When it is time to drywall your property, there are endless steps, instructions, guidelines, and materials that must be implemented with perfection to achieve a level-5 drywall install. One of the most important materials that will make a big difference in your end result is your spackle. Continue reading to learn more about spackle, and some important tips that go along with its preparation and application.
Spackle is a paste-like made from fine aggregates of limestone, dolomite, water, mica, perlite, polymers and pyroohvllite. It is also referred to as “drywall mud” or “joint compound”, and come in two basic categories. These categories are known as “Quick-setting” drywall mud and “pre-mixed drywall mud.” The type of drywall spackle you use will depend on the type of job you have to do.
Quick-Setting Drywall Mud
Quick-setting drywall mud is not the traditional go-to spackle for moderate to large-scale drywall install jobs. Instead, it is perfect for small patch jobs that require a quick turn-around time since it does not required you to wait a full 24 hours before applying a second or third coat. When you have small holes or cracks that need repaired, a quick-setting product is a great choice. However, it is not usually used as a finishing coat because it is more difficult to sand compared to a lighter-weight, all-purpose spackle product. In fact, when using hot mud to patch up a drywall hole, it is encouraged to finish the surface with a light-weight, all-purpose mud.
A popular tip from the pros is to always use hot drywall mud if you are also using mesh tape because mesh tape does not provide a bond that is strong enough. Another important tip is to make sure the hot mud is fully dry before applying additional coats. Just because you use a 45-minute hot mud product does not mean it is done drying in 45 minutes. It could take several more hours. Drywall spackle is dry when it turns completely white.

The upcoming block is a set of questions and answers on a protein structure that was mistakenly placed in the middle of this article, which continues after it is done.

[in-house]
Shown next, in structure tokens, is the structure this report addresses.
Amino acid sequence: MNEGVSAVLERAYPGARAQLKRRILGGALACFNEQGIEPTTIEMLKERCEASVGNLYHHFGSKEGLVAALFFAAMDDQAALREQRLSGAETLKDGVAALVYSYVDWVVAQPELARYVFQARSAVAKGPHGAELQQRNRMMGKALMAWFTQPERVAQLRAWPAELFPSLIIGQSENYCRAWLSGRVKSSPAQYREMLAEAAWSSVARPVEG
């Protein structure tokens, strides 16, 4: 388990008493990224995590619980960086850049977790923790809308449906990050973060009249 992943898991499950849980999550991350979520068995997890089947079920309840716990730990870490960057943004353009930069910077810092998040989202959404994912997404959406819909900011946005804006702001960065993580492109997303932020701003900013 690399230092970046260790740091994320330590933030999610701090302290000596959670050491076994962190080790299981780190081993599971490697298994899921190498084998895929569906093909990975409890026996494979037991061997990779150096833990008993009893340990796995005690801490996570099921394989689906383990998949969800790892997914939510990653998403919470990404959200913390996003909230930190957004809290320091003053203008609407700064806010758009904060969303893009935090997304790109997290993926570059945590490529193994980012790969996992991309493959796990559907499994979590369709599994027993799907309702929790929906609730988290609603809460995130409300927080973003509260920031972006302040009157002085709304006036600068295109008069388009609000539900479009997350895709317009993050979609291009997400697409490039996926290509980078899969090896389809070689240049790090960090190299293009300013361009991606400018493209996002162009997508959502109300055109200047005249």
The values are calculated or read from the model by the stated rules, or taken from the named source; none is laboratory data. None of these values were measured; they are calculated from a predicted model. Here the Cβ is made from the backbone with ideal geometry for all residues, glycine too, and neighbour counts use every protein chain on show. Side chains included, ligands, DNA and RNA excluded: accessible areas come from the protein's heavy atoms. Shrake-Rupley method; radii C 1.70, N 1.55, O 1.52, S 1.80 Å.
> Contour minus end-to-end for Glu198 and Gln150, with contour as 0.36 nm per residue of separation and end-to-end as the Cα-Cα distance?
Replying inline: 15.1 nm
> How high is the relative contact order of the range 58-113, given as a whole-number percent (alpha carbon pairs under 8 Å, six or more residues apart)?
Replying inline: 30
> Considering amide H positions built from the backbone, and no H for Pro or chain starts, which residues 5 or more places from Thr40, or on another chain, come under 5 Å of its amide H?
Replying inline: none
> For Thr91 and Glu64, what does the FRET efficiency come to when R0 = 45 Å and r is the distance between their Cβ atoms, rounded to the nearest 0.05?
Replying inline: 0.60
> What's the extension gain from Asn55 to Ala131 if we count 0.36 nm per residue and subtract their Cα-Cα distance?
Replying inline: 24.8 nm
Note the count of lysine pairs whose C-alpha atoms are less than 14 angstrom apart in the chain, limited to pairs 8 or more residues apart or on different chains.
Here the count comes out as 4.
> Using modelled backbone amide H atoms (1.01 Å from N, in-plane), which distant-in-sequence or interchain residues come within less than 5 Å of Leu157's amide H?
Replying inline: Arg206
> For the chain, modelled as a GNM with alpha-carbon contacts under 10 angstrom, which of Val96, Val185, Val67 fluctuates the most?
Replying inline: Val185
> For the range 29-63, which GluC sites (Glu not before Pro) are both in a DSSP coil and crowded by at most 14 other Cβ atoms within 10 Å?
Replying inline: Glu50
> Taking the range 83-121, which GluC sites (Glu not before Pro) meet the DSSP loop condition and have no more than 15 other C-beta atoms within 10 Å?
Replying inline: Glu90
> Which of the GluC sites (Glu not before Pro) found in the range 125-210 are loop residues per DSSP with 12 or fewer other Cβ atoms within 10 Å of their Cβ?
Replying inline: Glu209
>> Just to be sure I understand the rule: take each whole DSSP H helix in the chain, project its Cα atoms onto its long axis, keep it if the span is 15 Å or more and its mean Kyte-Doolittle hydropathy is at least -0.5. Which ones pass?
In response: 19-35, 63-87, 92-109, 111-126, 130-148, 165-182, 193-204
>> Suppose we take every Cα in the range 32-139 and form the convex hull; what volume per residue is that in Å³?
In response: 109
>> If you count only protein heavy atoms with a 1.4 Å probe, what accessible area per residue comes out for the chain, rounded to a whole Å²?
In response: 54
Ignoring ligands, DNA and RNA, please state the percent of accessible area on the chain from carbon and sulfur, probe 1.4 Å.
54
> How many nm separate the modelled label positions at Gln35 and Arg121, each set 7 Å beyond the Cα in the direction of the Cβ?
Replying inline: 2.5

Traditional Drywall Mud
Pre-mixed mud is considered to be the traditional spackle for drywall projects. It comes ready to use as a mud; all you have to do is add a little water to get the proper consistency. For instance, bedding tape will required a thinner consistency. Similarly, you will need a thin consistency of mud when using automatic taping tools so that it allows smooth flow through the drywall mud pump and tools. But you must be careful, because if the mud gets too thin, it will not spread properly and it will shrink back too much, leading to cracking, warping, and similar surface blemishes. It is basically a long learning curve when it comes to knowing the proper mud consistencies to use. It simply takes experience, and trial and error.
Although there are several types of joint compounds on the shelf to choose from, there are three common types that drywall professionals tend to use. These include all-purpose, light-weight all-purpose, and topping. All-purpose joint compounds tend to have more adhesive agents in them, making them suitable for most drywall applications, especially when bedding seams. Light-weight all-purpose drywall muds are recommended for the first and second coat of seams and corner beads. They contain less adhesive agents, so it is not always a great choice for taping seams. Topping drywall mud is not used as often as the former types of spackle, but it comes in handy for texture applications, as well as, top coats for seams and corner beads. It is too light weight to use for taping joints.
Drywall Spackle Tools
When it comes to using spackle for basic drywall projects, all you need is a mud tray, an inside corner tool, and an assortment of spackle knives ranging from 4 to 12-inch blade widths. If you are working with curved archways, you may also need an outside corner tool. Just be sure to keep your tools clean after every use. Use a small scrub brush and clean water to gently remove mud residues and dust.